December 23, 2011

Why Do People with Diabetes Keep It a Secret?

This blog (link is now broken) from Diabetes Health really hit home for me. It reminded me of my blog of December 6 and a blog last July (link now broken) by Ronnie Gregory. Why do people insist on keeping their diabetes a secret? One question has been answered, but most of us were aware of the answer because we always have the “diabetes police” on patrol at every gathering.

And yes, we get tired of their snide remarks about how we could have prevented diabetes. I admit I was surprised when one of those that has been on my diabetes police list was looking very carefully at the food on the serving table this last weekend. I asked her why she was not selecting many items and why she had passed on the deserts. Normally she would have selected two or three pieces of different deserts.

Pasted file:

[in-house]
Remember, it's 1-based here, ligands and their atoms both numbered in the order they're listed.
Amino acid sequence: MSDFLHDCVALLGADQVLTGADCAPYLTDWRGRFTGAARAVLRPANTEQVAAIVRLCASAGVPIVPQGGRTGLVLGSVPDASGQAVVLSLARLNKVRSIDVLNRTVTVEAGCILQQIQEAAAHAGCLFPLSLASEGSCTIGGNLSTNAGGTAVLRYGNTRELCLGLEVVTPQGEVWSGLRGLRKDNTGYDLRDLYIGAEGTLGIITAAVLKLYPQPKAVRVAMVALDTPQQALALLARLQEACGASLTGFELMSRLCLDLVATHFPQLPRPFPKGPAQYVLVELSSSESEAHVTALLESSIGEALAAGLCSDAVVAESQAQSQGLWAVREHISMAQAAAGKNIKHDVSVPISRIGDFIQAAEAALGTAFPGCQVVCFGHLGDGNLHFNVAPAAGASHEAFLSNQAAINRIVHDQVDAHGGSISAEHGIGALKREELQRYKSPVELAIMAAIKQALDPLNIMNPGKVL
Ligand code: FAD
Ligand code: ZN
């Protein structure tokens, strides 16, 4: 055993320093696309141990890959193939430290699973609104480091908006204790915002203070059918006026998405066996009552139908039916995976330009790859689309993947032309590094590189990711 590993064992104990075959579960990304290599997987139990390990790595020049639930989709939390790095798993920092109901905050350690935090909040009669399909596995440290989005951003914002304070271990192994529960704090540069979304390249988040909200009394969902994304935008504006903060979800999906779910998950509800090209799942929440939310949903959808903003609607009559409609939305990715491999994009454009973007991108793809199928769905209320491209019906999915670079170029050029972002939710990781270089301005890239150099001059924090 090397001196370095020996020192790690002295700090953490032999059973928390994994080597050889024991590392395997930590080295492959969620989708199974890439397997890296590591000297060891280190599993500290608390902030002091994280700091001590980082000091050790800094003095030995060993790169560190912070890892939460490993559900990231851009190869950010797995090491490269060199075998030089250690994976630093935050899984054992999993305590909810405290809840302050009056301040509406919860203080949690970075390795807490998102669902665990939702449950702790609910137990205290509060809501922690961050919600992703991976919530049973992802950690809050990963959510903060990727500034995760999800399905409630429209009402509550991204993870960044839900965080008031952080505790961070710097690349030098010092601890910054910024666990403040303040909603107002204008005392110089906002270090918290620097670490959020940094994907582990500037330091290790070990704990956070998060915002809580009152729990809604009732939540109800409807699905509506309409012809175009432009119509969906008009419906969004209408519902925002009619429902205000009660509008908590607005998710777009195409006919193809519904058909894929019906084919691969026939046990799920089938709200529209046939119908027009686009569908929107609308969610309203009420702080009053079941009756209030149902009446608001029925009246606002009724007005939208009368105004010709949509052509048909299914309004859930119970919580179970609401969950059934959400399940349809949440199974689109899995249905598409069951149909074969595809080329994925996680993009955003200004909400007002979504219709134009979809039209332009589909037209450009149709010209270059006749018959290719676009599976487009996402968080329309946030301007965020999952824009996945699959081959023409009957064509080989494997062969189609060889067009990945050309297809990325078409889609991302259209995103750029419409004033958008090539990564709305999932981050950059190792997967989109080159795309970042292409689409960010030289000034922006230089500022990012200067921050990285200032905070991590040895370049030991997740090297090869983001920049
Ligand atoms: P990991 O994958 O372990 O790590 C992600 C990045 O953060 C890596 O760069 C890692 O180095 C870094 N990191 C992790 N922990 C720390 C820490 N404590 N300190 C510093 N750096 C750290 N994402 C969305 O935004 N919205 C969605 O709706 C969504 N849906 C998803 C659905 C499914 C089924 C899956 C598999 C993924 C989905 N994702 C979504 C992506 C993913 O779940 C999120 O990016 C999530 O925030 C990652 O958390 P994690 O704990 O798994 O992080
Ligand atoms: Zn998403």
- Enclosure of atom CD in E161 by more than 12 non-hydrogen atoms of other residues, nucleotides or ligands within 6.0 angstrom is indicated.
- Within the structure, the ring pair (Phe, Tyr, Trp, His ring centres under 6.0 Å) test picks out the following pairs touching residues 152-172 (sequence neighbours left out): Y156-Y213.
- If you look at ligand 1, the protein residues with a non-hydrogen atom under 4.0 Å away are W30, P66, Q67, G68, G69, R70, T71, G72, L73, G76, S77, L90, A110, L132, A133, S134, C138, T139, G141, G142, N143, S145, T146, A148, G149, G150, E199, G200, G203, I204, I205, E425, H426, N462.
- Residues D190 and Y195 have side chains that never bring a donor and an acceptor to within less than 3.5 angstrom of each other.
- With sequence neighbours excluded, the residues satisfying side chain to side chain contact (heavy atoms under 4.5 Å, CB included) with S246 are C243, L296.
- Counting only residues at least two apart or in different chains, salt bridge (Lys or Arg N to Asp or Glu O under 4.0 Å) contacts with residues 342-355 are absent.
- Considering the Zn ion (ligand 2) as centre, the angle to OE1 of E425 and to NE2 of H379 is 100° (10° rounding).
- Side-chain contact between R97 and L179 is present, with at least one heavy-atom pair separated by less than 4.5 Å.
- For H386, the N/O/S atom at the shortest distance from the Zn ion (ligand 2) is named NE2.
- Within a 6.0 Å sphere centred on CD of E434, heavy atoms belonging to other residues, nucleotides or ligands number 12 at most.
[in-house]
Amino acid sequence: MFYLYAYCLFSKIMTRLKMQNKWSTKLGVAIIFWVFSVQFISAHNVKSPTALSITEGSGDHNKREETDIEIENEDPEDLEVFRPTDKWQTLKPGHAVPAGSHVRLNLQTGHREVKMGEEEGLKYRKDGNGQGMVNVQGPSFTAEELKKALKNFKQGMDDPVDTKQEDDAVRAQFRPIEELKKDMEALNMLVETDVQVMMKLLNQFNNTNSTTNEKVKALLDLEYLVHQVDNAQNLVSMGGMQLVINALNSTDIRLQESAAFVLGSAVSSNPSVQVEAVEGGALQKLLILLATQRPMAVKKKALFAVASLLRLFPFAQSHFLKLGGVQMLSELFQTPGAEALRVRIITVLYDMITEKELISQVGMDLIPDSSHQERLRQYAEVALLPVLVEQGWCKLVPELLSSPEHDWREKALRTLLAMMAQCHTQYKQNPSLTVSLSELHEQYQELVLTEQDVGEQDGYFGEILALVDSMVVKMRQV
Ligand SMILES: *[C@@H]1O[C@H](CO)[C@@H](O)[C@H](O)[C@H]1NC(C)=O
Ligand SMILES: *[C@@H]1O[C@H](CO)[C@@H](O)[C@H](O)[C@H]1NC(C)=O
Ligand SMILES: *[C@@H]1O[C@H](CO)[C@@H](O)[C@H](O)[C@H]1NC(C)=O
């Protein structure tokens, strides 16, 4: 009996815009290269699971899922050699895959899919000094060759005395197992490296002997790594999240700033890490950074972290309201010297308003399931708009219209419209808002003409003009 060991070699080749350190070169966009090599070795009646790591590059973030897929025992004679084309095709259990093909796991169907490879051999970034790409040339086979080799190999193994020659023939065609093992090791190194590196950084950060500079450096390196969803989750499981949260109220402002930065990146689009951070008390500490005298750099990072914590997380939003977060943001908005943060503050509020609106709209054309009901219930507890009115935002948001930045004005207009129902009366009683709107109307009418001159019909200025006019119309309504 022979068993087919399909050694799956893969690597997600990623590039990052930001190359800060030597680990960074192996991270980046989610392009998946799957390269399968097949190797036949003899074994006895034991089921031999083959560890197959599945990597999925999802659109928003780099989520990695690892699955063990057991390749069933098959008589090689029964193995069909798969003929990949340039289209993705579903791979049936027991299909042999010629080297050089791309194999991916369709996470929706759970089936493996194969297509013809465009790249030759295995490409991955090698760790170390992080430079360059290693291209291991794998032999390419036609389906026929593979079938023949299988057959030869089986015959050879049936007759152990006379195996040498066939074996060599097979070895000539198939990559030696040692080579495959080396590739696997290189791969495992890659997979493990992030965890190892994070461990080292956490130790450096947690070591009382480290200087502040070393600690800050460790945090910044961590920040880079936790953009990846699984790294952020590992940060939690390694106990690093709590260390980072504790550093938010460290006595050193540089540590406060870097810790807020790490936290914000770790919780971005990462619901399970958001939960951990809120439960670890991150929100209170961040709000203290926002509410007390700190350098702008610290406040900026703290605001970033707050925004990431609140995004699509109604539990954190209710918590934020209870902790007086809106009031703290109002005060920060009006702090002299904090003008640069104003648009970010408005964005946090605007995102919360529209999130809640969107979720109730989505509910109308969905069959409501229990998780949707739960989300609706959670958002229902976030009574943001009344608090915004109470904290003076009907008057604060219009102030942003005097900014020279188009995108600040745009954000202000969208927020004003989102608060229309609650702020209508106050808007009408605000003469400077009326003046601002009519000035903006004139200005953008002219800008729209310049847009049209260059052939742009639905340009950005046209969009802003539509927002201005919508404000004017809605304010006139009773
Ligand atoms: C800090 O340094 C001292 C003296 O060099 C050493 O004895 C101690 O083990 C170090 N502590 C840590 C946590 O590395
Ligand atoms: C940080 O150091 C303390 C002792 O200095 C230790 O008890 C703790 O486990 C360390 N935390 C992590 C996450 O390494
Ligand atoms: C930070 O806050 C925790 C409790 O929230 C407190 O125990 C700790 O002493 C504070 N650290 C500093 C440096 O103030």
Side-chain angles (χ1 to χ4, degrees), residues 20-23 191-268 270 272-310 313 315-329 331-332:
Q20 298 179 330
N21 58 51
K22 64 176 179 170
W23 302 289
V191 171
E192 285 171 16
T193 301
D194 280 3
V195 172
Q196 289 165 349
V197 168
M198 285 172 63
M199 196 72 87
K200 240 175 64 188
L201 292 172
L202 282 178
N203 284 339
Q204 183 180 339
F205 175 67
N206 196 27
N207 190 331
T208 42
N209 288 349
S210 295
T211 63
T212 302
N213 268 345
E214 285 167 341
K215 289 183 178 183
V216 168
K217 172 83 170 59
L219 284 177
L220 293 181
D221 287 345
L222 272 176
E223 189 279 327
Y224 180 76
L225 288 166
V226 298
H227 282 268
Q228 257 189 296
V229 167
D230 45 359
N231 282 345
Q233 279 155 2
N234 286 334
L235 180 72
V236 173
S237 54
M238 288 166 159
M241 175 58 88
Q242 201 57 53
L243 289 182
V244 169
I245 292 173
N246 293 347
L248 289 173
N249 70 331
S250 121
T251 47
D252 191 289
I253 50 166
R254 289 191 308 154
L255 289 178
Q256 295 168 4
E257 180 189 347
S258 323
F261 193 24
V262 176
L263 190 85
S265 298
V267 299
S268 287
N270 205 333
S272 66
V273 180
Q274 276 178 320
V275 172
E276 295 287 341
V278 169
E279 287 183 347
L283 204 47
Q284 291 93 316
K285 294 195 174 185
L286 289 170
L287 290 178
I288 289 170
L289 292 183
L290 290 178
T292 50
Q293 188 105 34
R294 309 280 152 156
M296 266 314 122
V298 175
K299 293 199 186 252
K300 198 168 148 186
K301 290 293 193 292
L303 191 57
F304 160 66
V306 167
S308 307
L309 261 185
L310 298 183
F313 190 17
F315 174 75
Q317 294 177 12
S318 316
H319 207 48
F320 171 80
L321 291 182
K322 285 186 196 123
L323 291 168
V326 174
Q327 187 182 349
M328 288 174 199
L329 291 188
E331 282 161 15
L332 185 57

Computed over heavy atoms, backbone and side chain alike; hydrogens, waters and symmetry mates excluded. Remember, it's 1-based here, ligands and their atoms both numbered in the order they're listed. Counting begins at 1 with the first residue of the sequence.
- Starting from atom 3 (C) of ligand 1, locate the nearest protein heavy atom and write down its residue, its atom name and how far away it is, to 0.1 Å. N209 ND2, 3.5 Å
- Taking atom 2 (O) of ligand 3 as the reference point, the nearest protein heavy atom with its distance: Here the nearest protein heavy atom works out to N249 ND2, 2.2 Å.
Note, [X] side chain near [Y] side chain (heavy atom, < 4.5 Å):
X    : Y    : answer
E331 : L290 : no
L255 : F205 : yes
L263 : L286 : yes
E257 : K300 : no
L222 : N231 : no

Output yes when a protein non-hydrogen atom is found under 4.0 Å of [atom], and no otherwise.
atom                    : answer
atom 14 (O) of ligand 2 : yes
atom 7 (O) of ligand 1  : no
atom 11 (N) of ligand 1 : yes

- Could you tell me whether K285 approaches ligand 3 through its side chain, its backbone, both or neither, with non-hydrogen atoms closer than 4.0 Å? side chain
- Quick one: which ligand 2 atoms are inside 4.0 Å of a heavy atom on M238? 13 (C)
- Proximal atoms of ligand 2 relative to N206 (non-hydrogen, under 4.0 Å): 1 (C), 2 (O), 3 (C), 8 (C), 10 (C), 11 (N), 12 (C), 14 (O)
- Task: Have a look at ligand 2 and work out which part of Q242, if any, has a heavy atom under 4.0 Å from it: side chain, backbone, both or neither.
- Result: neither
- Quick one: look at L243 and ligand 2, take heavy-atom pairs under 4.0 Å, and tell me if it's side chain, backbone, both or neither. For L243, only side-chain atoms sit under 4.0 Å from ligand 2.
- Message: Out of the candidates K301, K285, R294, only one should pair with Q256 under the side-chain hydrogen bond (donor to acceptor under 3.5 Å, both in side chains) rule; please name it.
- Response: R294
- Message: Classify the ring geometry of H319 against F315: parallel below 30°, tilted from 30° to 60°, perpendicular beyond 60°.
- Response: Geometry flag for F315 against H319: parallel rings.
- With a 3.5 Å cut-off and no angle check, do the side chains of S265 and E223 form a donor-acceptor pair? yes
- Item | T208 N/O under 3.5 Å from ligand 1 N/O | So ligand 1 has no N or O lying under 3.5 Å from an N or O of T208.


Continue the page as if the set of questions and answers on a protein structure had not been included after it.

She did not answer, but her husband did. He stated that she now has type 2 diabetes! If looks could kill, he was due for some talking to as soon as she could get him alone. I kept my peace, although I would have liked to dish out some of what she was always handing me.

I purposely selected the same table to sit with her and her husband. She wanted to move to another table, but her husband said she should stay seated and maybe take some of the medicine she was due. I admit I wanted to, but I just asked her why she wanted to keep her diabetes secret. Silence. I asked what she had learned since her diagnosis. Again, silence.

At that point, I know there were two others from our type 2 group that had joined us at the table, so I asked everyone to introduce themselves and then I started talking about diabetes. Of course, I knew the others and we started a lively discussion about diabetes and what medications we were taking. I knew all of us were on insulin, so it did not take long for her to ask if we were near the end of life.